The Supreme Court on Thursday rejected all 18 petitions that had sought a review of last month’s verdict on the Ayodhya land dispute, Live Law reported.

The petitions were heard in camera by a five-judge bench headed by Chief Justice of India SA Bobde. All judges of the bench were the same as the ones who gave the Ayodhya verdict, except that Justice Sanjiv Khanna will replace Ranjan Gogoi, who retired as chief justice a week after the judgement.

On November 9, the top court’s five-judge Constitution bench had asked the Centre to set up a trust within three months to oversee the construction of a Ram temple at the site in Ayodhya where the Babri Masjid stood till 1992. The Muslims, the court said, should be given a five-acre plot elsewhere in Ayodhya for the construction of a new mosque as relief for the “unlawful destruction” of the Babri Masjid.

The first review petition in the case was filed by Jamiat Ulama-i-Hind on December 2, followed by five more petitions that were filed on Friday with the support of All India Muslim Personal Law Board.

The petitions said since it was an undisputed fact that Muslims were praying at the site till December 16, 1949, and had entered the mosque through the outer courtyard, Hindus had never been in exclusive possession of the site. “The court erred in not considering that there was a dedication of the mosque which was self-evident from the inscriptions,” it said, adding that “the judgment erred in holding that the Waqf was not established by ‘user’ though continuous possession and prayer were shown at all times”.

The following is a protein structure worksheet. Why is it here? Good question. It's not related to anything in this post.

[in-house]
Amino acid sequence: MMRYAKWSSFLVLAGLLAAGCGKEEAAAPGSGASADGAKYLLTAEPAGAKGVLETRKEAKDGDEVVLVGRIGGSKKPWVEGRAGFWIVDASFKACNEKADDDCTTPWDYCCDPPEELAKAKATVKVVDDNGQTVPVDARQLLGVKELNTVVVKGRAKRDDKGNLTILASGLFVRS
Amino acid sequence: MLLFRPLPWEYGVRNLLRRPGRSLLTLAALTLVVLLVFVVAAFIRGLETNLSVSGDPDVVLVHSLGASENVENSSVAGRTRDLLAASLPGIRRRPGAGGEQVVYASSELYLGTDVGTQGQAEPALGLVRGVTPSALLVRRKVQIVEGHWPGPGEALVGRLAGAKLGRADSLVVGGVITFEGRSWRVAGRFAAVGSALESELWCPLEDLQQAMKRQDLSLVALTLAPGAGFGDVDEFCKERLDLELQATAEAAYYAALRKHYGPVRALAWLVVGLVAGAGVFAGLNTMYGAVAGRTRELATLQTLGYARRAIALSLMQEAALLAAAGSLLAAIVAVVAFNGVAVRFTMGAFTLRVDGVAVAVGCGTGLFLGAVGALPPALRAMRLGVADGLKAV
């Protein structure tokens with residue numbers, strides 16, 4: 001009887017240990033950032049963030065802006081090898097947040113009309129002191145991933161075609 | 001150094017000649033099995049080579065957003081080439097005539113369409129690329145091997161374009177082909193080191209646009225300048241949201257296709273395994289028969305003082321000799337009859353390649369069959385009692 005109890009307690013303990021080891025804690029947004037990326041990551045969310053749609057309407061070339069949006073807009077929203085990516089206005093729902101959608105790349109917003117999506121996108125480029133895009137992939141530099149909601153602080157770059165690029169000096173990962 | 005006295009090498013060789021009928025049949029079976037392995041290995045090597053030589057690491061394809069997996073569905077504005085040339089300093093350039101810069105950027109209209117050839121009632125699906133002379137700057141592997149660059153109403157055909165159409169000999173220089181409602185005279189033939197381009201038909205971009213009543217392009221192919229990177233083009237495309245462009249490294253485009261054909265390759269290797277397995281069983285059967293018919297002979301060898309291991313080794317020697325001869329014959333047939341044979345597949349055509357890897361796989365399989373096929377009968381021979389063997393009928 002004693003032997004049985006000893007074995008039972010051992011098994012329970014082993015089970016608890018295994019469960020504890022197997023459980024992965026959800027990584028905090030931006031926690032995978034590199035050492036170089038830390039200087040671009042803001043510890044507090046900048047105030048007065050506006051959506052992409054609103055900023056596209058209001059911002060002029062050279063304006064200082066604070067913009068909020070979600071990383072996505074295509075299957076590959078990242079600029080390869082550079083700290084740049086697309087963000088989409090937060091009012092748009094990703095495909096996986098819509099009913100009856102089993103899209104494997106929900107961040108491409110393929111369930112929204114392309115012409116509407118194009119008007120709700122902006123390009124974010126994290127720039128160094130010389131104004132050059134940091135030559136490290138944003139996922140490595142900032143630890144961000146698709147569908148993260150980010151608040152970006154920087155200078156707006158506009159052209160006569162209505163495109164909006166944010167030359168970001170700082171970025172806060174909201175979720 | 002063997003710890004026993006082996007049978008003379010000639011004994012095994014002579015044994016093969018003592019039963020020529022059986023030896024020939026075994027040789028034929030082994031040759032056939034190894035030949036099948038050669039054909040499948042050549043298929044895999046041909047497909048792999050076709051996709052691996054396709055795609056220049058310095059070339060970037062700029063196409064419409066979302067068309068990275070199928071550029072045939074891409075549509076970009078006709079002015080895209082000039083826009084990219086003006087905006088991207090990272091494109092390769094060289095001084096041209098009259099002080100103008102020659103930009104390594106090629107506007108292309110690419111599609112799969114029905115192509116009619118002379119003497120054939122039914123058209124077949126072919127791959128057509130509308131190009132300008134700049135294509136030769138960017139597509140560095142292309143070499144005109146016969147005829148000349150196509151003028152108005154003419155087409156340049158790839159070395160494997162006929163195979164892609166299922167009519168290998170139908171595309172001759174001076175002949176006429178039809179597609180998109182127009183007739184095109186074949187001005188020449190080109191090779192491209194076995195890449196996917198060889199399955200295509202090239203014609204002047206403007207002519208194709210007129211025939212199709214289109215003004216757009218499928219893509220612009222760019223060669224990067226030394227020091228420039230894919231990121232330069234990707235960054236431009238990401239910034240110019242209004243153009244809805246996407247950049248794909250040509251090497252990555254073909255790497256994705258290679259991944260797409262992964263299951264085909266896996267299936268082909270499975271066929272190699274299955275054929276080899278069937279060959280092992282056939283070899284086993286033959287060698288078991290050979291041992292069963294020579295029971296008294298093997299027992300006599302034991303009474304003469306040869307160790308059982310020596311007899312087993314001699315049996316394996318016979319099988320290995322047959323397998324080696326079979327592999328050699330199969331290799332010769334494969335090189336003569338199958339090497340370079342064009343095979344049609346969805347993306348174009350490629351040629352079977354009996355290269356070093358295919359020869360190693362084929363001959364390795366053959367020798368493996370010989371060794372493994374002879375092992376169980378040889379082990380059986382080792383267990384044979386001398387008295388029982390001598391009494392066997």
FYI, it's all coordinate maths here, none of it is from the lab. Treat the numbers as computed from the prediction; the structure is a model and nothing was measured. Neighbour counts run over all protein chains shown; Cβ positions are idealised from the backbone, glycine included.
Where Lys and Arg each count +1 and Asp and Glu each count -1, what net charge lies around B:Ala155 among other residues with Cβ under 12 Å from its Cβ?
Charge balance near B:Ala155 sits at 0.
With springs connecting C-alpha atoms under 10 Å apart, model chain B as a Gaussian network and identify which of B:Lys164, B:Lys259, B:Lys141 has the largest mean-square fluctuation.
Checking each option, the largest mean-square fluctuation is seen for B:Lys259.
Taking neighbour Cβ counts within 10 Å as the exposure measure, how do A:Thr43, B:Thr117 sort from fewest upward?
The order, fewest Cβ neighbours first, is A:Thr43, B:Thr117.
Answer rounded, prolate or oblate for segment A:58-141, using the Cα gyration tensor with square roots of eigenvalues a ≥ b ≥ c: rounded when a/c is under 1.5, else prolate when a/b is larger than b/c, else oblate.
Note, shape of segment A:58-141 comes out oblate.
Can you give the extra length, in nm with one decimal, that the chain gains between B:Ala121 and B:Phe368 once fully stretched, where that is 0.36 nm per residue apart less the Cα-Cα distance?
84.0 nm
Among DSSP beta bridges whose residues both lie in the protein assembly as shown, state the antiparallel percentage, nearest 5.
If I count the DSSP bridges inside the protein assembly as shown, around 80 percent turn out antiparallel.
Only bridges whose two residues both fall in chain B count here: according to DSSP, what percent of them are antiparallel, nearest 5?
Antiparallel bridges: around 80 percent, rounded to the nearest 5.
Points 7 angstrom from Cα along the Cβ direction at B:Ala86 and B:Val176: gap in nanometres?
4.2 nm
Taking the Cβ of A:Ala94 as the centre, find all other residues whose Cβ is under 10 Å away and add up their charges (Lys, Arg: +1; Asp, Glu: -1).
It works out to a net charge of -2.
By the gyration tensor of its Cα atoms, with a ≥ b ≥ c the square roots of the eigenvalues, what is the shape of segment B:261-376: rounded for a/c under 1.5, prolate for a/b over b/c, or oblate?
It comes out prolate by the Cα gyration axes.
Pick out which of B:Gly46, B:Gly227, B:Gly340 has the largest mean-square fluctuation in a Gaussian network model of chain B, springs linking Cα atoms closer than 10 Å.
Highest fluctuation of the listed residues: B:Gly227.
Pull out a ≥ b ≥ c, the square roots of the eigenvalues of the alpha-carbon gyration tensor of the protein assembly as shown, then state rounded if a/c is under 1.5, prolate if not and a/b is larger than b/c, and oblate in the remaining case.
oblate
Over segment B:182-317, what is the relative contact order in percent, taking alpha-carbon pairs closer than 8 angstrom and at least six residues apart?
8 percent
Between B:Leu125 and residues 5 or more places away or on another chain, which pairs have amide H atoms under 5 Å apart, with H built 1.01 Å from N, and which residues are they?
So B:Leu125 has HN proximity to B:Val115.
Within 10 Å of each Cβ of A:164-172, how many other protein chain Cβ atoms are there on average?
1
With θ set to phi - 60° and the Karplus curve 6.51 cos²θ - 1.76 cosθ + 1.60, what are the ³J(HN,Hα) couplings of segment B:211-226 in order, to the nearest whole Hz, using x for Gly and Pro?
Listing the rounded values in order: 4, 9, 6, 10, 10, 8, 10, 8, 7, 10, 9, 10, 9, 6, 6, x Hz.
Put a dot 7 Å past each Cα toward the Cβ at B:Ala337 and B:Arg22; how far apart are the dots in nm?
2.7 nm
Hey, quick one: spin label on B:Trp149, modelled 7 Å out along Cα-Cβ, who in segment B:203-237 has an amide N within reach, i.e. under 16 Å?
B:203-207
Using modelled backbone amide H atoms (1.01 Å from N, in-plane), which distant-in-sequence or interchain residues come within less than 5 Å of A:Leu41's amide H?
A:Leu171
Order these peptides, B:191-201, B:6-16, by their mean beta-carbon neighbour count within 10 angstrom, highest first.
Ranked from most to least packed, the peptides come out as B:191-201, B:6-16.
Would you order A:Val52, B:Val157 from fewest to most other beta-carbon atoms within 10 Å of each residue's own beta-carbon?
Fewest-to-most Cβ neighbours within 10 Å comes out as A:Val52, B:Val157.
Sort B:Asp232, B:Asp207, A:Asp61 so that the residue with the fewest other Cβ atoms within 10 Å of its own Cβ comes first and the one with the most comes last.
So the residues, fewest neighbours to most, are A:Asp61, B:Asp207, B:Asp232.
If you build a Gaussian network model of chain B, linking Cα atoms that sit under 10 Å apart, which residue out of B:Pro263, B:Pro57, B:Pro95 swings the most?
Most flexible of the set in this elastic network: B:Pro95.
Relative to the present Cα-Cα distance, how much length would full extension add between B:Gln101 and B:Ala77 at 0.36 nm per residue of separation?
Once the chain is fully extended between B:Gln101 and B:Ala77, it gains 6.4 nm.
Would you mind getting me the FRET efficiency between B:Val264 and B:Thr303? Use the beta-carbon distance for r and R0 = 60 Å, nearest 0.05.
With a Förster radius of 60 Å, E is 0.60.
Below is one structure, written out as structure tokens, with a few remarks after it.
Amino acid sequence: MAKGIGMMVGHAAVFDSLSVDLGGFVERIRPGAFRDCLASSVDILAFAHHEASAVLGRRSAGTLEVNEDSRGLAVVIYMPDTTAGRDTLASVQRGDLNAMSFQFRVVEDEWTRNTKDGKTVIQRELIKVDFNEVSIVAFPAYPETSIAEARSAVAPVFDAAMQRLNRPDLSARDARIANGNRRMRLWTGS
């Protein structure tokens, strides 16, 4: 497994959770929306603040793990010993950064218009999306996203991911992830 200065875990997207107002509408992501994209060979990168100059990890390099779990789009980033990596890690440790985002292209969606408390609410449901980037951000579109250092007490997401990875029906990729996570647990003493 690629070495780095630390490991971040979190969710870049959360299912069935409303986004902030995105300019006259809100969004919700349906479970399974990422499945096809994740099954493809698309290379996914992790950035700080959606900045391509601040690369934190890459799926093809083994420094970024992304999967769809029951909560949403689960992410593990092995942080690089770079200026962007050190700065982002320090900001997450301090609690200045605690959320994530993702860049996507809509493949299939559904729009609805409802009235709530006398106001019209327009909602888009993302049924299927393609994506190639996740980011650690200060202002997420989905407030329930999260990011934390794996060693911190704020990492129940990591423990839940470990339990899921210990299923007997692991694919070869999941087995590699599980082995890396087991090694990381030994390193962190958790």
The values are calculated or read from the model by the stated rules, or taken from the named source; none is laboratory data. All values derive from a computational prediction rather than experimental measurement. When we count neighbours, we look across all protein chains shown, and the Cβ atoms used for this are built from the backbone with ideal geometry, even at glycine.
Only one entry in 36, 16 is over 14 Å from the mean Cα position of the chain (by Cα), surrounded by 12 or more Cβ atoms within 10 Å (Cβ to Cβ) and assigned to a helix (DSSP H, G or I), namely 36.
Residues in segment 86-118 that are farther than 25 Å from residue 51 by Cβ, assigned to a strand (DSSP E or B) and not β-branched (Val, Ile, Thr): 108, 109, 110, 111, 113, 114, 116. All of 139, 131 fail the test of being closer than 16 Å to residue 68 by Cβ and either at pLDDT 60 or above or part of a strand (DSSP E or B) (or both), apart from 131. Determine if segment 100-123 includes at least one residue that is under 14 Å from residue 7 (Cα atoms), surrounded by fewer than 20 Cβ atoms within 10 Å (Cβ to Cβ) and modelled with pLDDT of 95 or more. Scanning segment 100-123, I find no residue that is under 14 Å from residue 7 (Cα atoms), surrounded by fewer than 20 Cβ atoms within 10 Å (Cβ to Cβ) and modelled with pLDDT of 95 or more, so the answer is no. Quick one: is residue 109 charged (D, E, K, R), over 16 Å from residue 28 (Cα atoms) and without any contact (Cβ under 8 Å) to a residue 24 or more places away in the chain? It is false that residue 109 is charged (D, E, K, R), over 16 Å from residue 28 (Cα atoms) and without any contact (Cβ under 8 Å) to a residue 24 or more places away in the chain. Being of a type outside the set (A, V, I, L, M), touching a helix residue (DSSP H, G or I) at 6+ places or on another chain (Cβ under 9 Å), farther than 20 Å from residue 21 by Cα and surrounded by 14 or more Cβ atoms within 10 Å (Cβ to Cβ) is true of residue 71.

One of the review petitions said that despite acknowledging several illegalities committed by the Hindu parties, including the destruction of the mosque at the disputed site, the top court had condoned them and granted the land to them.

The Sunni Waqf Board, which was one of the major litigants in the dispute, has decided against a review.

On Monday, the Hindu Mahasabha also filed the petition challenging the top court’s decision to allocate a five-acre plot to Muslims. Two days later, the Nirmohi Akhara, the key litigant in the dispute, filed a review petition seeking clarification on its role in the case. The top court in its verdict had directed the Centre to provide “adequate representation” for the Akhara in the trust to oversee the construction of the temple.